Despite Groton, CT, having some densely populated sections, there's a ton of open space in the community that is ready for you to explore.
This town with 40,000 residents is situated between the Thames and Mystic rivers, with the Poquonnock running the middle of it to the Groton Reservoir. Groton also offers access to Fishers Island Sound via those rivers, Palmer Cove, Mumford Cove, and Baker Cove, providing its inhabitants with plenty of ways to get on the water.
Parks are aplenty in Groton, as well. Bluff Point State Park and Pequot Woods Park are two of the most prominent, but smaller natural areas are equally popular with locals looking for a day away from the crowds.
One such location is Haley Farm State Park, a historic site with easy-to-access trails that the whole family will enjoy.
Here's a look at what you can expect as you visit Haley Farm State Park in Groton, Connecticut.
The Park's History
Before all else, it's a good idea to learn a bit about Haley Farm's history because it's as old as Connecticut itself.
It all begins back in 1648 when John Winthrop Jr., who would later become the Connecticut Colony's first governor, was granted a section of farmland in present-day Groton. The land was later split, and the section that would later become Haley Farm was known as Fort Hill Farm.
The farm would change hands multiple times through the 1700s and 1800s, being purchased by Starr Chester in 1789, ending up in possession of Noyes Barber in 1833, and bought again by Henry B. Lewis in 1852.
Caleb Haley finally bought 400 acres of the land in 1869, and his family held most of the property until Caleb's granddaughter, Juliet Haley, sold it to A.C. White in 1953.
Haley's ownership is significant because he loved building stone walls. Constructing these walls was a hobby of sorts for Haley, as he would take rocks and boulders from all over the property, extracting them with an ox and a pulling device designed by his neighbor, Francis E. Merritt, and create barriers from them. The walls were also used to separate the various pastures on the property.
When Juliet Haley sold the land in 1953, A.C. White had planned to develop it. However, he ended up putting the property up for sale after he decided to develop some land closer to Mumford Cove.
There was some opposition to development on Haley's Farm in the 1960s, leading to the property changing hands a few times while various parties figured out what to do with it. The State of Connecticut eventually bought the land in 1970, officially turning it into a State Park later that year.
The facility's history is on full display from the second you enter Haley Farm State Park because stone walls and the remains of various buildings are everywhere. You can't miss them as you exit your vehicle.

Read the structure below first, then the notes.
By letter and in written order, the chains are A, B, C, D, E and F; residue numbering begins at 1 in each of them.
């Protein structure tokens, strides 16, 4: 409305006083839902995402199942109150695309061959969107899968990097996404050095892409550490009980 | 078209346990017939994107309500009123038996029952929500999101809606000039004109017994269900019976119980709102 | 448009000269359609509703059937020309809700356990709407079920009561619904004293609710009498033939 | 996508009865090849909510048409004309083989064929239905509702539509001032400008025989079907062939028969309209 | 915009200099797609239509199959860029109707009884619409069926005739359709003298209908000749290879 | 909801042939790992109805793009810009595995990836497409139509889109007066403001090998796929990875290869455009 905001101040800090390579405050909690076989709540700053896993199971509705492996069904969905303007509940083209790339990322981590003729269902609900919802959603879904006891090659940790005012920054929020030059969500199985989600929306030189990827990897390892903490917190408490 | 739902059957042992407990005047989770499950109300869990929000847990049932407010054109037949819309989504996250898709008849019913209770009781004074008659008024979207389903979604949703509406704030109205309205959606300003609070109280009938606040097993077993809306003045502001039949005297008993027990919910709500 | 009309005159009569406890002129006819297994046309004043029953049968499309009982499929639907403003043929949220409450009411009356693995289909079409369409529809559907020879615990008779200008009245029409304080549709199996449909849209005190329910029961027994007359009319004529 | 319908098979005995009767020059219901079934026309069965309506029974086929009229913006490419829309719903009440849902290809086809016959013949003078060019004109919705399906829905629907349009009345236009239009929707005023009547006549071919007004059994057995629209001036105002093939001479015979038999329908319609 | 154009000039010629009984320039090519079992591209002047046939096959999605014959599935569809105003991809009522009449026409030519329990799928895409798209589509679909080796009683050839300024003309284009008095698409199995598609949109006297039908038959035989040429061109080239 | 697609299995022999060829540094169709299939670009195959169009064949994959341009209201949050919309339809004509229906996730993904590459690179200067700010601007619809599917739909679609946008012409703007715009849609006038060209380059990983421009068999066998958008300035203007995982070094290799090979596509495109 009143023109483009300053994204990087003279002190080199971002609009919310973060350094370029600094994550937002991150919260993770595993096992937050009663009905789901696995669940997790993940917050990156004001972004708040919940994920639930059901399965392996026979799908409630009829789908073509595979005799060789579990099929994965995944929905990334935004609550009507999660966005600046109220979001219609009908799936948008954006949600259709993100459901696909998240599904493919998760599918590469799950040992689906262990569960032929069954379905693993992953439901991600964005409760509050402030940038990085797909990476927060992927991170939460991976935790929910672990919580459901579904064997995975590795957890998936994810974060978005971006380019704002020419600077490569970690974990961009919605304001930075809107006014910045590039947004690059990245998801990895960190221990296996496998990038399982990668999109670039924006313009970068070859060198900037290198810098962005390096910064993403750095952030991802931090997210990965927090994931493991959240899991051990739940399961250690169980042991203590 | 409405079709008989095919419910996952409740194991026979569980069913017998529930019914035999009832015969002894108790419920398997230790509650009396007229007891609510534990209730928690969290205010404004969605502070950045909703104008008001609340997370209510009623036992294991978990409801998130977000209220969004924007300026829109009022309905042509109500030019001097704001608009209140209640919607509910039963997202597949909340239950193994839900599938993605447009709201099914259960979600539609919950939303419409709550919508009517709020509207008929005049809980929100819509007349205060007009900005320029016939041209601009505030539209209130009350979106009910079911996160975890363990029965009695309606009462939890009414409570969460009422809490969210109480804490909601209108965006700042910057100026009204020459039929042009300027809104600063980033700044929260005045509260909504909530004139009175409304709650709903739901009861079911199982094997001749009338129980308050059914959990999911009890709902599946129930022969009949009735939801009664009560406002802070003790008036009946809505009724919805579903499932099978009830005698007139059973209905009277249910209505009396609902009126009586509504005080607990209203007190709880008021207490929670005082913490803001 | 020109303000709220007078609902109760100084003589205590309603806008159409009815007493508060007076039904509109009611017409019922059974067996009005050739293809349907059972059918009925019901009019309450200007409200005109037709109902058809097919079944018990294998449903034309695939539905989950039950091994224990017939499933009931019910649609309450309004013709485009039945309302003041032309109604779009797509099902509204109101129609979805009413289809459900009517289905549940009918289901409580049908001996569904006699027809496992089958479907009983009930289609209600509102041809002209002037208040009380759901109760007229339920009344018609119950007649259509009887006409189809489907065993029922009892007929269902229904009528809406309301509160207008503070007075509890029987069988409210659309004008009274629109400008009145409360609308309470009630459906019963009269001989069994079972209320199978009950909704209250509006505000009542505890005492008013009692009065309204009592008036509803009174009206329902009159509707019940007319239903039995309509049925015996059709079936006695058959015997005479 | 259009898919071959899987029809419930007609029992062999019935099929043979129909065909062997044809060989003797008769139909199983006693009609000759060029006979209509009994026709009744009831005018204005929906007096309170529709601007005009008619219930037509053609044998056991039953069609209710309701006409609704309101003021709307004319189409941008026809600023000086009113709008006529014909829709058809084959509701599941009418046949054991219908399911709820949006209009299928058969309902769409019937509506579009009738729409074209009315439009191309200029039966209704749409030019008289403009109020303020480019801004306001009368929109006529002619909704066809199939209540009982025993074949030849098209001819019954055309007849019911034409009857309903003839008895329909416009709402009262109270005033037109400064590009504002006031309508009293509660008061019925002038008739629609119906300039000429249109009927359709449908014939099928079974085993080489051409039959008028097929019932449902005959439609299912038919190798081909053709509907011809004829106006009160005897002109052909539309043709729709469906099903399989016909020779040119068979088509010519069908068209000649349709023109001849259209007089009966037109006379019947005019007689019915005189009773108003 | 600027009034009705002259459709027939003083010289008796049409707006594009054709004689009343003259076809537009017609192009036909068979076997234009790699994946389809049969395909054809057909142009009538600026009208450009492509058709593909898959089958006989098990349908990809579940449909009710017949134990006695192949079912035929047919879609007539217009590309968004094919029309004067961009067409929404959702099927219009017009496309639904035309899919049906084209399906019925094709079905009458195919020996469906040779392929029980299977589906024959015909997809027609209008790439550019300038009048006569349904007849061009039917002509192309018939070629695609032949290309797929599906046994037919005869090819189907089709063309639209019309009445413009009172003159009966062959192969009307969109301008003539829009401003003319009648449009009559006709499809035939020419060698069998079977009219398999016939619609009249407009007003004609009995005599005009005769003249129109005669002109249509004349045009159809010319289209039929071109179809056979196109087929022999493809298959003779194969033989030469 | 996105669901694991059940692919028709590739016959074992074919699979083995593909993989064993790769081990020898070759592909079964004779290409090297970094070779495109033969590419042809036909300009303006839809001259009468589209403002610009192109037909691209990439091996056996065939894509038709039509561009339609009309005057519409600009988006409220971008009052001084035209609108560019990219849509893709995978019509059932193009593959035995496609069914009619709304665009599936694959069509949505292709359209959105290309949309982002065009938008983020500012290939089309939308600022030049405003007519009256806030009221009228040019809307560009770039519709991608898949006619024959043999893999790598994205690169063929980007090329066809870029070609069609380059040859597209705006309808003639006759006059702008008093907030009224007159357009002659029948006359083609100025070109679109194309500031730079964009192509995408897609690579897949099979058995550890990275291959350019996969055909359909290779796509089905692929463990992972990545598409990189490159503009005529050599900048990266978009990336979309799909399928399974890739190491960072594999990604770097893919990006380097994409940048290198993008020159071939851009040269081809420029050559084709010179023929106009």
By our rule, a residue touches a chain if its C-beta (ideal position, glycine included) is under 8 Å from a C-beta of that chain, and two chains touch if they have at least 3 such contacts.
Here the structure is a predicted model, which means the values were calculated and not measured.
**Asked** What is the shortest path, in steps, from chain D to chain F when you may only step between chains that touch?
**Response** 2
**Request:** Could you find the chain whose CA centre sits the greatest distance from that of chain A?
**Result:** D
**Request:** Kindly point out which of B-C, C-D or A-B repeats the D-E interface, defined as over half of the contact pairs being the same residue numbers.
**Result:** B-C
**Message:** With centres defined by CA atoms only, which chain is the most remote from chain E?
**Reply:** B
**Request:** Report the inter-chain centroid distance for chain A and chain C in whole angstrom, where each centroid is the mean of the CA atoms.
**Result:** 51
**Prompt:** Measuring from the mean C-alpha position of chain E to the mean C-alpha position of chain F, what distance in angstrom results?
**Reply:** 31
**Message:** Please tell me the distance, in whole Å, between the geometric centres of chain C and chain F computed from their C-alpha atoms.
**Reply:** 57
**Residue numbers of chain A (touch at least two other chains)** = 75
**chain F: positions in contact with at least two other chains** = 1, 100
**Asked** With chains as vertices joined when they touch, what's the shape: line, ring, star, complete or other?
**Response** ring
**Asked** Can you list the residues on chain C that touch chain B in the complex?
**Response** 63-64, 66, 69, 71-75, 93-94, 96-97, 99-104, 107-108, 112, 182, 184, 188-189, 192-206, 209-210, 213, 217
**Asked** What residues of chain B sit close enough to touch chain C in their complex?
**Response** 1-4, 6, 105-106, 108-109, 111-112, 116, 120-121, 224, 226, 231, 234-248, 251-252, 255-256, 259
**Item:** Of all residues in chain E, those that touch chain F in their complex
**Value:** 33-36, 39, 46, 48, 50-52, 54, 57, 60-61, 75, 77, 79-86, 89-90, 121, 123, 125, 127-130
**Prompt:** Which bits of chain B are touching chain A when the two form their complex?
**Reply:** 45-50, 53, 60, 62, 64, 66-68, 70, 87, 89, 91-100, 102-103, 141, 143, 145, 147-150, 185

Next, you're sure to notice the trails. The park has a paved bike route that runs through its center and connects to the G&S Trolley Trail. The path comes out in the Poquonock Bridge neighborhood, and you can follow it to downtown Groton.
Other unpaved trails also run through various parts of the park. A short path takes you along Palmer Cove and comes out at a unique rock formation, called Canopy Rock or Jemima's Rock, near the railroad tracks.
Other pathways travel to Race Track Pond, Gibson Pond, and Robert E. Fitch Senior High School. If you follow the main path past the railroad tracks and continue west, you'll cross Fort Hill Brook on a covered bridge before entering Bluff Point State Park.
There are trails all along Mumford Cove in Bluff Point State Park, and you'll even come across a small beach on the shores of the Poquonnock River.
Hiking and biking are the names of the game at Haley Farm State Park, as they give you the rare opportunity to experience nature in a historical setting without venturing too far from town.
How to Get There
Arriving at Haley Farm is relatively straightforward, as it sits just outside of Groton's Noank village. The easiest way to reach the park is by taking Fort Hill Road into Poquonock Bridge and heading south on Groton Long Point Road. You'll then turn right onto Brook Street, which takes you directly to the park.
There are two places you can begin your exploration of Haley Farm, depending on which section of the park you wish to experience. There's a small dirt pull-out where Groton Long Point Road and Brook Street meet. From there, you can hike through the woods a short distance to Gibson Pond.
The other parking area is just off Brook Street on Haley Farm Lane. There's a bit more parking here, and this area is where you'll find the remains of the stone walls and the farm's structures.
You really can't go wrong with either place because they offer easy access to the wilderness without having to travel too far from your home in Groton.
Haley Farm State Park is yet another location that makes Coastal Connecticut a special place to live and is well worth your time once you purchase a residence in the area.